Saleem Sinai, like author Salman Rushdie, is a Muslim Indian born in Bombay in 1947. As guilt-ridden protagonist and not particularly reliable narrator, he is the novel’s most fully realized character. In addition to his birth heritage of an enormous, blocked-up nose and map-stained, bulbous-templed moon face, his bandy-legged body bears witness to his stormy life: partly bald, deafened in one ear, a mutilated finger, and castrated. Most of all, he is the intelligence through which India’s cultural and political history is transmuted into human history. All is stamped by Saleem’s eccentric personality.
Saleem is larger than life, as are other characters who display a literally mythic aspect. The ancient boatman, Tai, sets family history in motion by ferrying the narrator’s ostensible grandfather, Dr. Aziz, to his first patient, Naseem, whom he marries to found the clan. The loquacious, cantankerous Tai claims to have witnessed the birth of the mountains, the armies of Alexander the Great, and an aged wandering Christ (Isa). It is he who first sounds the motif of the Aziz family nose as the point where the outside world meets the world inside. It is Tai who teaches the future doctor, Aadam Aziz, to see the fine cracks in the ice beneath the lake’s surface, cracks which come to symbolize the fatal flaws in India’s fate, in Saleem’s family, and in Saleem himself. Profane, drunken, filthy, Tai is the mythic demiurge who launches the story....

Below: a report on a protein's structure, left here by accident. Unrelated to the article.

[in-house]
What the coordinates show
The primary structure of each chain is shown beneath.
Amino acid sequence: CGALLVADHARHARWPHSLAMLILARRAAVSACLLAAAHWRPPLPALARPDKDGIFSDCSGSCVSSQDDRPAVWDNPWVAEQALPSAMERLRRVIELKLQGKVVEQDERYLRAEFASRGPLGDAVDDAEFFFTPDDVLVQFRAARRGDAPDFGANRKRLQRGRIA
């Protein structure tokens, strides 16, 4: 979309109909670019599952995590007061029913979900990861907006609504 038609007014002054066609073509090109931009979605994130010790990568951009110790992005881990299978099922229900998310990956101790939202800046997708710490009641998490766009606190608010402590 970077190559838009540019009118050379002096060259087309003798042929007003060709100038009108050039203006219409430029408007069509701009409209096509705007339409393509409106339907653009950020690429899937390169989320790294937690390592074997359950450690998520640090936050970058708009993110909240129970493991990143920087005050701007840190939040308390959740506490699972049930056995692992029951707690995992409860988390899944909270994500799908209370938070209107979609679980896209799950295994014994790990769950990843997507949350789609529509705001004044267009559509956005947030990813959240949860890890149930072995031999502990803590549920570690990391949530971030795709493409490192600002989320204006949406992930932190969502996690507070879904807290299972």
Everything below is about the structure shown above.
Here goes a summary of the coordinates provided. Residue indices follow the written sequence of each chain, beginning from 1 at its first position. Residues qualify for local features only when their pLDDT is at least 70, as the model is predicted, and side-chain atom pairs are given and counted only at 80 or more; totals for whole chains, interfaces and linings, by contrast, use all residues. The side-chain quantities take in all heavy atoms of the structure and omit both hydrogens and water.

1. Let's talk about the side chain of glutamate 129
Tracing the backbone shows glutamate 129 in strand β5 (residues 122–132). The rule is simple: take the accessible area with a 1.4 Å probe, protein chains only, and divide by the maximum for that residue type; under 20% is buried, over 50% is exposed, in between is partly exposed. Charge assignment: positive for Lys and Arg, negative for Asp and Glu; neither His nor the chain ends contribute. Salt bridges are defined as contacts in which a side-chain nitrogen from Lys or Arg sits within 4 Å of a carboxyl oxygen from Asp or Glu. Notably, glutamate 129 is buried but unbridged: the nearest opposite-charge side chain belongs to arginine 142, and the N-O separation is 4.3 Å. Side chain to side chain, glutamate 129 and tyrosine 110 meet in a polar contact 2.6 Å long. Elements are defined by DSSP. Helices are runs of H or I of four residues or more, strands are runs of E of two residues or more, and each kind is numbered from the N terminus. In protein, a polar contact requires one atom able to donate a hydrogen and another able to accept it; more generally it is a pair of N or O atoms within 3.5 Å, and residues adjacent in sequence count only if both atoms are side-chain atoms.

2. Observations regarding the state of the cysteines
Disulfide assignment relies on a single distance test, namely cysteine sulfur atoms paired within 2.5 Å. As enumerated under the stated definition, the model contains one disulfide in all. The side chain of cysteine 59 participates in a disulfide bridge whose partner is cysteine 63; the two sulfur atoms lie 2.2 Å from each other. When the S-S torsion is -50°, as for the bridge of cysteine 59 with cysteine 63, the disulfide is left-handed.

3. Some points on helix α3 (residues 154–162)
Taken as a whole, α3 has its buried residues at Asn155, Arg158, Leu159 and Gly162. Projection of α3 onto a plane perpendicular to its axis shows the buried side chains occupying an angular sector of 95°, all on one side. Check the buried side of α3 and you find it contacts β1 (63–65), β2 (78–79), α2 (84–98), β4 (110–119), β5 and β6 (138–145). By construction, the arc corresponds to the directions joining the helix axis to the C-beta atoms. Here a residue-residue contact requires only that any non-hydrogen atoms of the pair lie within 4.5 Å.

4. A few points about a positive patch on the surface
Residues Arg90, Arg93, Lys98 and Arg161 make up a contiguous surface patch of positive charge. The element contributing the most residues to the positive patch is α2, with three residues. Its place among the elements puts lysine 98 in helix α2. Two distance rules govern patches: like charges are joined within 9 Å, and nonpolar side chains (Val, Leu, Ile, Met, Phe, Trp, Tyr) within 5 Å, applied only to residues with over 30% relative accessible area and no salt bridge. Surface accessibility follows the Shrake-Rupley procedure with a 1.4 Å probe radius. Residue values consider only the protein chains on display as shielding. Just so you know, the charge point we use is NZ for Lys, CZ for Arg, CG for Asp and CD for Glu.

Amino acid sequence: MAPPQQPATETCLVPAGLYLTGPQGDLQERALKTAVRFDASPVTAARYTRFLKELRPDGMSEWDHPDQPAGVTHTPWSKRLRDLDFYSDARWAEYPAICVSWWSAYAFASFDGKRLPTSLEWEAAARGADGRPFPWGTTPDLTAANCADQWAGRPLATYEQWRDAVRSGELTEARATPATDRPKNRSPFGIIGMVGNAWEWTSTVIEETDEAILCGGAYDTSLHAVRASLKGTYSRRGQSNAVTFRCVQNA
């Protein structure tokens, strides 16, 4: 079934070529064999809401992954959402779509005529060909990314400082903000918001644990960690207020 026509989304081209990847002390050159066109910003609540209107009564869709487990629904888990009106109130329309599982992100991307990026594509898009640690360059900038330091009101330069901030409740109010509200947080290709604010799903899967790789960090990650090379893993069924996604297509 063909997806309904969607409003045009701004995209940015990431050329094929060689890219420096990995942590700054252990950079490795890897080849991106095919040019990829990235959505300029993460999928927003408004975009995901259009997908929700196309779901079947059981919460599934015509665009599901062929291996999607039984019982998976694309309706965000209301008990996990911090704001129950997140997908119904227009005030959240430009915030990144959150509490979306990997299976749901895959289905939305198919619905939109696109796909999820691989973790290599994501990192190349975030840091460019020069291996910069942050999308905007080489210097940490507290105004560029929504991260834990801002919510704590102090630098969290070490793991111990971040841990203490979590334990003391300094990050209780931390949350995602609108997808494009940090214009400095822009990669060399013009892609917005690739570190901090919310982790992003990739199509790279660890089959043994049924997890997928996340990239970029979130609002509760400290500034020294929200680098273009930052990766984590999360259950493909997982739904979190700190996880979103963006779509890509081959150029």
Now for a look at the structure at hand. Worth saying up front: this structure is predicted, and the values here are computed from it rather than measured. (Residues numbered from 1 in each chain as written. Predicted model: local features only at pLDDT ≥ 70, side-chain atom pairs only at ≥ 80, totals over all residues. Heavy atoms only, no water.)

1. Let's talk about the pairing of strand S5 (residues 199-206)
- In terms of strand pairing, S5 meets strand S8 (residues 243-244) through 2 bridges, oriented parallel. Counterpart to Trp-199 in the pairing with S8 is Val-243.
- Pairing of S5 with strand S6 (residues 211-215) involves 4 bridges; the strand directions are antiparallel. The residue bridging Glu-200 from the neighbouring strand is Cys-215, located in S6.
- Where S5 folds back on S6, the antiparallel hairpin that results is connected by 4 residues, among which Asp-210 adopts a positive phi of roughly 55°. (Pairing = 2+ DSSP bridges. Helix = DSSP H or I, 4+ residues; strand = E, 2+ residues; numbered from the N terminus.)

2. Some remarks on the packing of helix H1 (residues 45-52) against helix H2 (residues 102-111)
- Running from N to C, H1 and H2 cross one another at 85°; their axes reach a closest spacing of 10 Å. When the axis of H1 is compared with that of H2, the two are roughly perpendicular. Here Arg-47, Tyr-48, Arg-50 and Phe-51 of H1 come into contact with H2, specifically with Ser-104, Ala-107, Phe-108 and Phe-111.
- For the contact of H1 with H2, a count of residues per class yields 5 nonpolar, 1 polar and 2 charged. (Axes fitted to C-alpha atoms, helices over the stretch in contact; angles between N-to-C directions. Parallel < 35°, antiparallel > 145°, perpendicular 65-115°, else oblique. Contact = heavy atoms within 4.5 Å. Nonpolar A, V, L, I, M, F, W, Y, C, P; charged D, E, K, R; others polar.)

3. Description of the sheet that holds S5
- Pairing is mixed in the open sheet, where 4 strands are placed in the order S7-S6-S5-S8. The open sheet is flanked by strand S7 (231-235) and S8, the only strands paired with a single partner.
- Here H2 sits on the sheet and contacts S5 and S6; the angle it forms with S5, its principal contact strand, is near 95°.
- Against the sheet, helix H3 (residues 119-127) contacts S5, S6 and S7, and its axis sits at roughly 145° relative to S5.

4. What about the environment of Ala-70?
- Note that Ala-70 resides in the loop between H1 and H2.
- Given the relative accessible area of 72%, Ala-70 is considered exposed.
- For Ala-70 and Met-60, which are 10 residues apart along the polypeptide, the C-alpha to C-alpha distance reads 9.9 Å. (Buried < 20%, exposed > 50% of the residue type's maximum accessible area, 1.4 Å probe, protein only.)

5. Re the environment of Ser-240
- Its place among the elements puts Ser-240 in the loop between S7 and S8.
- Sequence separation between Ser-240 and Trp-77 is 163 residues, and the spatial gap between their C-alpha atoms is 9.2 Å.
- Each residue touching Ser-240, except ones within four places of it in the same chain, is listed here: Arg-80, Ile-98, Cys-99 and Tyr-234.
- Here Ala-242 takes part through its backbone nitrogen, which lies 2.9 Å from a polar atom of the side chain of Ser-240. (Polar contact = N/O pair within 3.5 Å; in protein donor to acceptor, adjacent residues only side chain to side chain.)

(The entire section is 447 words.)